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Honestly, I think that is more along the lines of "replace flimsy spring claw with something that won't warp as easily". However, if you're gonna do that, why not just go with steel?
Except, when have you EVER bent/warped a spring claw through normal use?

And IIRC, brass is an awfully soft metal.
 

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Slow Money
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Except, when have you EVER bent/warped a spring claw through normal use?

And IIRC, brass is an awfully soft metal.
i have seen some paper thin fucking claws that are all dented and warped dude. like, THIN. definitely not standard sized ones, but like ibanez starter pack claws.
 

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I am Groot
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Except, when have you EVER bent/warped a spring claw through normal use?
I haven't, just speculating. :shrug:

And IIRC, brass is an awfully soft metal.
Notice my comment about using steel instead.
 

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NSLALP
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Broadly speaking, soft (weak) metal = warm, hard (strong) metal = cold in terms of musical acoustic properties. It has to do with the velocity of sound in the material -- steel transmits sound almost twice as fast as brass. It's a similar reason as to why ebony is bright but rosewood is warm.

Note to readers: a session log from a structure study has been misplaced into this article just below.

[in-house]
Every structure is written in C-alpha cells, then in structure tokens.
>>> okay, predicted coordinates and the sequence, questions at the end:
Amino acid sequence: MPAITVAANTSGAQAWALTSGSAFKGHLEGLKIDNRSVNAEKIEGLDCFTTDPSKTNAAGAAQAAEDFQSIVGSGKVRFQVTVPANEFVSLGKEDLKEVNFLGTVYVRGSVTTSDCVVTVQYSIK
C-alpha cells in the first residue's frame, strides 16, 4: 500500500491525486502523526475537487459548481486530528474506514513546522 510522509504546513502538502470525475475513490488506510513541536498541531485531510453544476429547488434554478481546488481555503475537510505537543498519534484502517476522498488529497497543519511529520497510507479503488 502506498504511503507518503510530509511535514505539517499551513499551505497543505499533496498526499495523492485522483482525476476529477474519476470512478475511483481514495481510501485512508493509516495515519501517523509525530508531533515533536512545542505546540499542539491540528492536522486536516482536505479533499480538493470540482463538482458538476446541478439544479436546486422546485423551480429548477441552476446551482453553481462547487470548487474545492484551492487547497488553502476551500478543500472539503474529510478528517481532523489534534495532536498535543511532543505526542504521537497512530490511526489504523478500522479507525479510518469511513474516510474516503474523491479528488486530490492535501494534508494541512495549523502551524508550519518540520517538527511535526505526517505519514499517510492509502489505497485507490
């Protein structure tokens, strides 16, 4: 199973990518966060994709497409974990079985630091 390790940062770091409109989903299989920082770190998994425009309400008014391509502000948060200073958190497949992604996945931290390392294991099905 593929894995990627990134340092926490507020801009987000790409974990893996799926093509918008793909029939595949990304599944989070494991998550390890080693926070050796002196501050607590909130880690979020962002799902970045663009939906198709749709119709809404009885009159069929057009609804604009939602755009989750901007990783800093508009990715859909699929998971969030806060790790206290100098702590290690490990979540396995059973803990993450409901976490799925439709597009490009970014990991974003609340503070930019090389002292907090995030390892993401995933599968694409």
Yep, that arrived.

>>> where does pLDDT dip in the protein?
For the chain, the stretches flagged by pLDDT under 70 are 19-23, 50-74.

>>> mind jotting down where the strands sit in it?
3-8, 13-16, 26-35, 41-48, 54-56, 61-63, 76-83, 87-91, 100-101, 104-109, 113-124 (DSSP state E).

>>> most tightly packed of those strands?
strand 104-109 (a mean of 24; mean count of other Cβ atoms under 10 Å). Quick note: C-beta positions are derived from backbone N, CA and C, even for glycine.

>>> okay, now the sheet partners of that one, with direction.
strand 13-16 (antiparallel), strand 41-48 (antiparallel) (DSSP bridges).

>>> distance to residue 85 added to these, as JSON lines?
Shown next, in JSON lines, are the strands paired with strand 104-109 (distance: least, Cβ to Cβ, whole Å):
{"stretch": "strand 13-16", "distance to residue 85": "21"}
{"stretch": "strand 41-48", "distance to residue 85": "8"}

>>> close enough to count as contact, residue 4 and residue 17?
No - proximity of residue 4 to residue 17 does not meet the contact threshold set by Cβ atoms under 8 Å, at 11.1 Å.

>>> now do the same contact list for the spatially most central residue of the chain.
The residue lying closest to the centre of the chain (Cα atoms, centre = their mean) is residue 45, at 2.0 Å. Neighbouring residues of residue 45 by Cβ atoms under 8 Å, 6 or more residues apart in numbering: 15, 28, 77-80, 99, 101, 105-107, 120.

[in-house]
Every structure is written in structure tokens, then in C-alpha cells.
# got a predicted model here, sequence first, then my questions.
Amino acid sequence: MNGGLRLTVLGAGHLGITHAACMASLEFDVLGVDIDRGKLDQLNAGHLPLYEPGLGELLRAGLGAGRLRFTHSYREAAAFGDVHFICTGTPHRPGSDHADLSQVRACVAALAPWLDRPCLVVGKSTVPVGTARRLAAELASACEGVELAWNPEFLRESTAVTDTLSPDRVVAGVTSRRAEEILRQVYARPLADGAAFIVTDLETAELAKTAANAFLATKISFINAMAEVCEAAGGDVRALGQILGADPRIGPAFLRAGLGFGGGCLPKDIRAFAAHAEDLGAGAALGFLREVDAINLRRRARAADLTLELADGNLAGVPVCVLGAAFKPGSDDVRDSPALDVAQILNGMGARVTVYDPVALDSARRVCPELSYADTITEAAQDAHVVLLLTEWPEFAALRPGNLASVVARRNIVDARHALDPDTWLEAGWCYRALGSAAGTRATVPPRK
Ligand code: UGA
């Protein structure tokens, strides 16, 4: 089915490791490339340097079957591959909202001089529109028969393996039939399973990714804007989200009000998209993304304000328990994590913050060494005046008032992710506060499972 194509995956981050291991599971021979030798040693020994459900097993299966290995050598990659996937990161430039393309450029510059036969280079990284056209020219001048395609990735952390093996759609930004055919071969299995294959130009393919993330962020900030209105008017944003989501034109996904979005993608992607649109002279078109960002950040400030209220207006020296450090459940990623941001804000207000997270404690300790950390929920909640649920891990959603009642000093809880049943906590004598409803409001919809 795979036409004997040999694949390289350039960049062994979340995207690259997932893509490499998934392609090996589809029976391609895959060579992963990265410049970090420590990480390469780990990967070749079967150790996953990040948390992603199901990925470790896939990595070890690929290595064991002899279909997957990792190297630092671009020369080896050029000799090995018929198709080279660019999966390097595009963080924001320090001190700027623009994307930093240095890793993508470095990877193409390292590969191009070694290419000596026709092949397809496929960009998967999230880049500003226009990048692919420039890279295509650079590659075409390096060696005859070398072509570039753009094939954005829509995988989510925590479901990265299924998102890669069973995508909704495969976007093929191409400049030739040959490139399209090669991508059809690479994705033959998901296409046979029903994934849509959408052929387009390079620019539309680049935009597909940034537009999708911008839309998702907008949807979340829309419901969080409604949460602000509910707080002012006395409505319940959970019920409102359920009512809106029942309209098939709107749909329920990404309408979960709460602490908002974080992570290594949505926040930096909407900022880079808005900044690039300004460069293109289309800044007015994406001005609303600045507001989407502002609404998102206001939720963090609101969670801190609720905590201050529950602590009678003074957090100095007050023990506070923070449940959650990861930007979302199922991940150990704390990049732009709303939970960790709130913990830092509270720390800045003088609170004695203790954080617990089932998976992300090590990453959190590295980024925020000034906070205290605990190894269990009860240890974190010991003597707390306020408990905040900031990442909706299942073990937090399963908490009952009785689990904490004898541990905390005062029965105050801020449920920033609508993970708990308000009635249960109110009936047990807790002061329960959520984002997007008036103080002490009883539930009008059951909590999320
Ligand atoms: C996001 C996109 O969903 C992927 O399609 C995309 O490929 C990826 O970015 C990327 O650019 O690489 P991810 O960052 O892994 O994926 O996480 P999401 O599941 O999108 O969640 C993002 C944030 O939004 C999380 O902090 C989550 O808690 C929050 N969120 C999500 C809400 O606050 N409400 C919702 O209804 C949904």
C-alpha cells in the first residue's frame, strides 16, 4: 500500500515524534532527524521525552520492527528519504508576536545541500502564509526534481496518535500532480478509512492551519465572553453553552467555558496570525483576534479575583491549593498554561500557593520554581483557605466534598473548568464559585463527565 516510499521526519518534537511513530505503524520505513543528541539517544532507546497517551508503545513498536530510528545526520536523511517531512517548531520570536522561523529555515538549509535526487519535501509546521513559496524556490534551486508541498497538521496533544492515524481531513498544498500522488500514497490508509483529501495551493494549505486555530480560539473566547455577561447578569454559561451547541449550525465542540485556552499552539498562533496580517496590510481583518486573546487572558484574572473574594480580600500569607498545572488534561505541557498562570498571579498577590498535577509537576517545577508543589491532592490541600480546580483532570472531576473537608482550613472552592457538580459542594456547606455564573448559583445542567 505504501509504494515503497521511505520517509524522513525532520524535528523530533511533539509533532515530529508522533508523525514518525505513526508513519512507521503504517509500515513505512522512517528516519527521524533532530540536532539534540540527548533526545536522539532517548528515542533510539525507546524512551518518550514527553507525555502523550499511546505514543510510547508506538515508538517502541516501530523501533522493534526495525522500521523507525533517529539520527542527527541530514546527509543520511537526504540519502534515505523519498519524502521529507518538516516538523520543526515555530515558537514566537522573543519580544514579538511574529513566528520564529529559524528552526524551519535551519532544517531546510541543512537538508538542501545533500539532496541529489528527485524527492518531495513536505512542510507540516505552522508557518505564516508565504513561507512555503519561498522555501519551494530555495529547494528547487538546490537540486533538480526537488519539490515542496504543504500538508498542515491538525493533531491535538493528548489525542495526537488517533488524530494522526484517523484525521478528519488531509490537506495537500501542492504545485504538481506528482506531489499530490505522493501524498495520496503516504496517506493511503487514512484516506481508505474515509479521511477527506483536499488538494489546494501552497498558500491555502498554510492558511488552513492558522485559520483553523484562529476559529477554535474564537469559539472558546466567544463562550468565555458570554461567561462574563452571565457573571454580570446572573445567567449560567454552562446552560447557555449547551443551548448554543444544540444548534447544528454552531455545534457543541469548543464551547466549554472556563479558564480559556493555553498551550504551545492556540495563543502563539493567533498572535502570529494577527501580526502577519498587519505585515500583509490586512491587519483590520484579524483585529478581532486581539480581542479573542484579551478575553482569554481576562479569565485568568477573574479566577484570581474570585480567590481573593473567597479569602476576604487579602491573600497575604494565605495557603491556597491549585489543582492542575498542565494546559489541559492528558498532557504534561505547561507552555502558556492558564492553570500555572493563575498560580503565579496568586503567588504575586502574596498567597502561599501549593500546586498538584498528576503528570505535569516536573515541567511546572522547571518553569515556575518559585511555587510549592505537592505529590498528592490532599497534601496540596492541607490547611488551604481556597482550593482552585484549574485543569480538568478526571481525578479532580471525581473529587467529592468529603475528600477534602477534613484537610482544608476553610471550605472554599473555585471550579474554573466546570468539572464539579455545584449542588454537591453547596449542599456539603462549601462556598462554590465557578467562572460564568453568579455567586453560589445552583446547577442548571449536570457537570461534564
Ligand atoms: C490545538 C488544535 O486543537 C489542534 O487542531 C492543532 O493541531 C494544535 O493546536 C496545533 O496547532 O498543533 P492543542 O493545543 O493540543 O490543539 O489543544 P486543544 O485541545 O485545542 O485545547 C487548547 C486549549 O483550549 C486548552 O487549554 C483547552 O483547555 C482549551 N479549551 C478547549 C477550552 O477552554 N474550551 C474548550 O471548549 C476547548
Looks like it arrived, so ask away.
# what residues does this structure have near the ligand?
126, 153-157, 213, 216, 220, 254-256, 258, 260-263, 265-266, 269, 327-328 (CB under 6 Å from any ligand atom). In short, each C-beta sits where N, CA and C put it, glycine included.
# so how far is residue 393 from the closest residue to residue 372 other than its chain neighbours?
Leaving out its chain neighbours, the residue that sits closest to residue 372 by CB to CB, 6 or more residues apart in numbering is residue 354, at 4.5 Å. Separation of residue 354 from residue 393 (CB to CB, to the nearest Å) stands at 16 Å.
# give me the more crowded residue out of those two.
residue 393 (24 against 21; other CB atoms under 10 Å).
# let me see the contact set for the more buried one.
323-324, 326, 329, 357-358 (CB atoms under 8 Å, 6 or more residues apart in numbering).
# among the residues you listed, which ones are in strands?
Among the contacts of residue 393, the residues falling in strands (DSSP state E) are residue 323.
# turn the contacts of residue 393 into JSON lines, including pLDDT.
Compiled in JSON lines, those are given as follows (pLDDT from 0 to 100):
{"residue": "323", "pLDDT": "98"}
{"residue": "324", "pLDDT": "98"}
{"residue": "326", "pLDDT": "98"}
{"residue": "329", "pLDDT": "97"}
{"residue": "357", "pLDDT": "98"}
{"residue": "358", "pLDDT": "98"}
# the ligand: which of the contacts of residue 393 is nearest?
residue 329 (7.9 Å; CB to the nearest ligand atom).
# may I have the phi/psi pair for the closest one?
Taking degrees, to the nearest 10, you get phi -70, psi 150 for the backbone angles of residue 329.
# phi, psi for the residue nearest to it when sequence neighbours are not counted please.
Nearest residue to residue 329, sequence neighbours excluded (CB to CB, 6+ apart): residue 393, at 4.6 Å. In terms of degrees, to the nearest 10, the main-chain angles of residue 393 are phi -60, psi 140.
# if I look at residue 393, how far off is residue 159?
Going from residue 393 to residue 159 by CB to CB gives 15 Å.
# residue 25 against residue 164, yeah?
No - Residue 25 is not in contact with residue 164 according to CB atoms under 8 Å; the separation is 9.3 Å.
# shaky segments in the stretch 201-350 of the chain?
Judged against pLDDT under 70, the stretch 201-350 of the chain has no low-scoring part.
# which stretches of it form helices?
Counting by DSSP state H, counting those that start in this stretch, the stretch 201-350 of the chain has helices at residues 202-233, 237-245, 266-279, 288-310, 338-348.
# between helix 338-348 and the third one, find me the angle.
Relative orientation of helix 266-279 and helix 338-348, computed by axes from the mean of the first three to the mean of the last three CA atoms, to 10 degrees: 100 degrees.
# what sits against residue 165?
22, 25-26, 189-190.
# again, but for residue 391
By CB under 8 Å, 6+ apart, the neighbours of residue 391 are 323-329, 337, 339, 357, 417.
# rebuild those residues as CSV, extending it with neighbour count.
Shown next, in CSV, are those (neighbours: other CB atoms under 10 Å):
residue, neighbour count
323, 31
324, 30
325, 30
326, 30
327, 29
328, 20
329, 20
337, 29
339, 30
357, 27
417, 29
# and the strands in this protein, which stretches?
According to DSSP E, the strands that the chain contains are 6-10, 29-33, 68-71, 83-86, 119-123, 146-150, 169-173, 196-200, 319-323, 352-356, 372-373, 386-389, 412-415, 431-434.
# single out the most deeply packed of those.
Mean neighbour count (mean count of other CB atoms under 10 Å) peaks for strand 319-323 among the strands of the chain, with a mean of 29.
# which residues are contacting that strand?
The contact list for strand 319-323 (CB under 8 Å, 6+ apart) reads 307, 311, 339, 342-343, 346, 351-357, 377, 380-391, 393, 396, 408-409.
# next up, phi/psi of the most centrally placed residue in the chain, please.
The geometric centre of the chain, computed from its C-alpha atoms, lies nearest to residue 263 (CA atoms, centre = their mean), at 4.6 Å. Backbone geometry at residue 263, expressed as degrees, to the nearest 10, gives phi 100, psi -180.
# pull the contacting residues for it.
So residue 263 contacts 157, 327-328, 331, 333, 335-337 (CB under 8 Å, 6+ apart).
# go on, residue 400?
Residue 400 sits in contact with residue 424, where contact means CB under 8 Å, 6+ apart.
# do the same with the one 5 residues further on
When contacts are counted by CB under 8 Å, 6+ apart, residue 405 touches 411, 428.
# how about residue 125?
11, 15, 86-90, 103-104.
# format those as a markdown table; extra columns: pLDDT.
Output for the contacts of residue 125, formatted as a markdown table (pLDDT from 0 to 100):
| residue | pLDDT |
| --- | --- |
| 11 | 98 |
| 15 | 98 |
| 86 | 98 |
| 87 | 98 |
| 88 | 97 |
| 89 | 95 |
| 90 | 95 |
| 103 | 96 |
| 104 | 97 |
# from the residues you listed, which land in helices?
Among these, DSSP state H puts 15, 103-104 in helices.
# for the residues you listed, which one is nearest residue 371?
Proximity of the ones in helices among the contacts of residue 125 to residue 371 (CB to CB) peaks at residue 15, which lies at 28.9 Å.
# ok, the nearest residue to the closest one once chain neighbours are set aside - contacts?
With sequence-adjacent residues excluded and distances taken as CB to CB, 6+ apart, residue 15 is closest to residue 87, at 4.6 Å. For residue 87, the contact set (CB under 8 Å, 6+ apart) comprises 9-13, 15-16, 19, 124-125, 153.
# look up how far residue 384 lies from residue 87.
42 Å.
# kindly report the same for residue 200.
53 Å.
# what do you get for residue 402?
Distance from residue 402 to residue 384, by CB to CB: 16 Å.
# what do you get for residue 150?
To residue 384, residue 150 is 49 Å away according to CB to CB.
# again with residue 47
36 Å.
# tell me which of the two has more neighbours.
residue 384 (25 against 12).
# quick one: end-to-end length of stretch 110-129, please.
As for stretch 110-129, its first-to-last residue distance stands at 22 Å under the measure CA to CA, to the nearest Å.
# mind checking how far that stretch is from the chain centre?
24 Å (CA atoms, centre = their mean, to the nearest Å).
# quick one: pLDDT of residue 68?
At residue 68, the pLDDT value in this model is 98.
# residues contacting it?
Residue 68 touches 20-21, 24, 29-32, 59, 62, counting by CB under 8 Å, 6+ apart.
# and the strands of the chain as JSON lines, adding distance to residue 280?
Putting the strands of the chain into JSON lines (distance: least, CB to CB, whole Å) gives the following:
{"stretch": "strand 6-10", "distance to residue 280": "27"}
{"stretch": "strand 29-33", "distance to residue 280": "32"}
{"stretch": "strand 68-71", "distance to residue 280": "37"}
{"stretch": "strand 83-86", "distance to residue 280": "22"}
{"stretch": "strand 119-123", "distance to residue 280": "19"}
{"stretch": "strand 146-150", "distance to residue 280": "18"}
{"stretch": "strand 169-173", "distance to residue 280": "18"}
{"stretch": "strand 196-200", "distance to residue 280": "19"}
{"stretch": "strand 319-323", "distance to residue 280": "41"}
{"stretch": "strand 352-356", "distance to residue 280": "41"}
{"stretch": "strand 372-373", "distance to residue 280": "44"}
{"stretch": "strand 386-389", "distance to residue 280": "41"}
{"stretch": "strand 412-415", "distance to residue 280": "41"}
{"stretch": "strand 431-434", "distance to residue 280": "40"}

In order to warm up the sound, since the bridge is mated to the body wood through both post contact and the trem claw anchor bolts, I would certainly argue that making the entire transmission path brass would move you in the direction of that property (warmness in tone) -- even doing the studs in brass.

However, whether that's desirable or not is another matter. It could become dull-sounding. In addition, wear characteristics are important, and one reason these springs are expensive is probably that they are a premium grade brass that is stronger (stiffer) than usual. They might also be wound differently so that they have a stiffness characteristic similar to the steel springs. If either of those suppositions is true, I'm not sure I'm be convinced they'd impart a massive difference.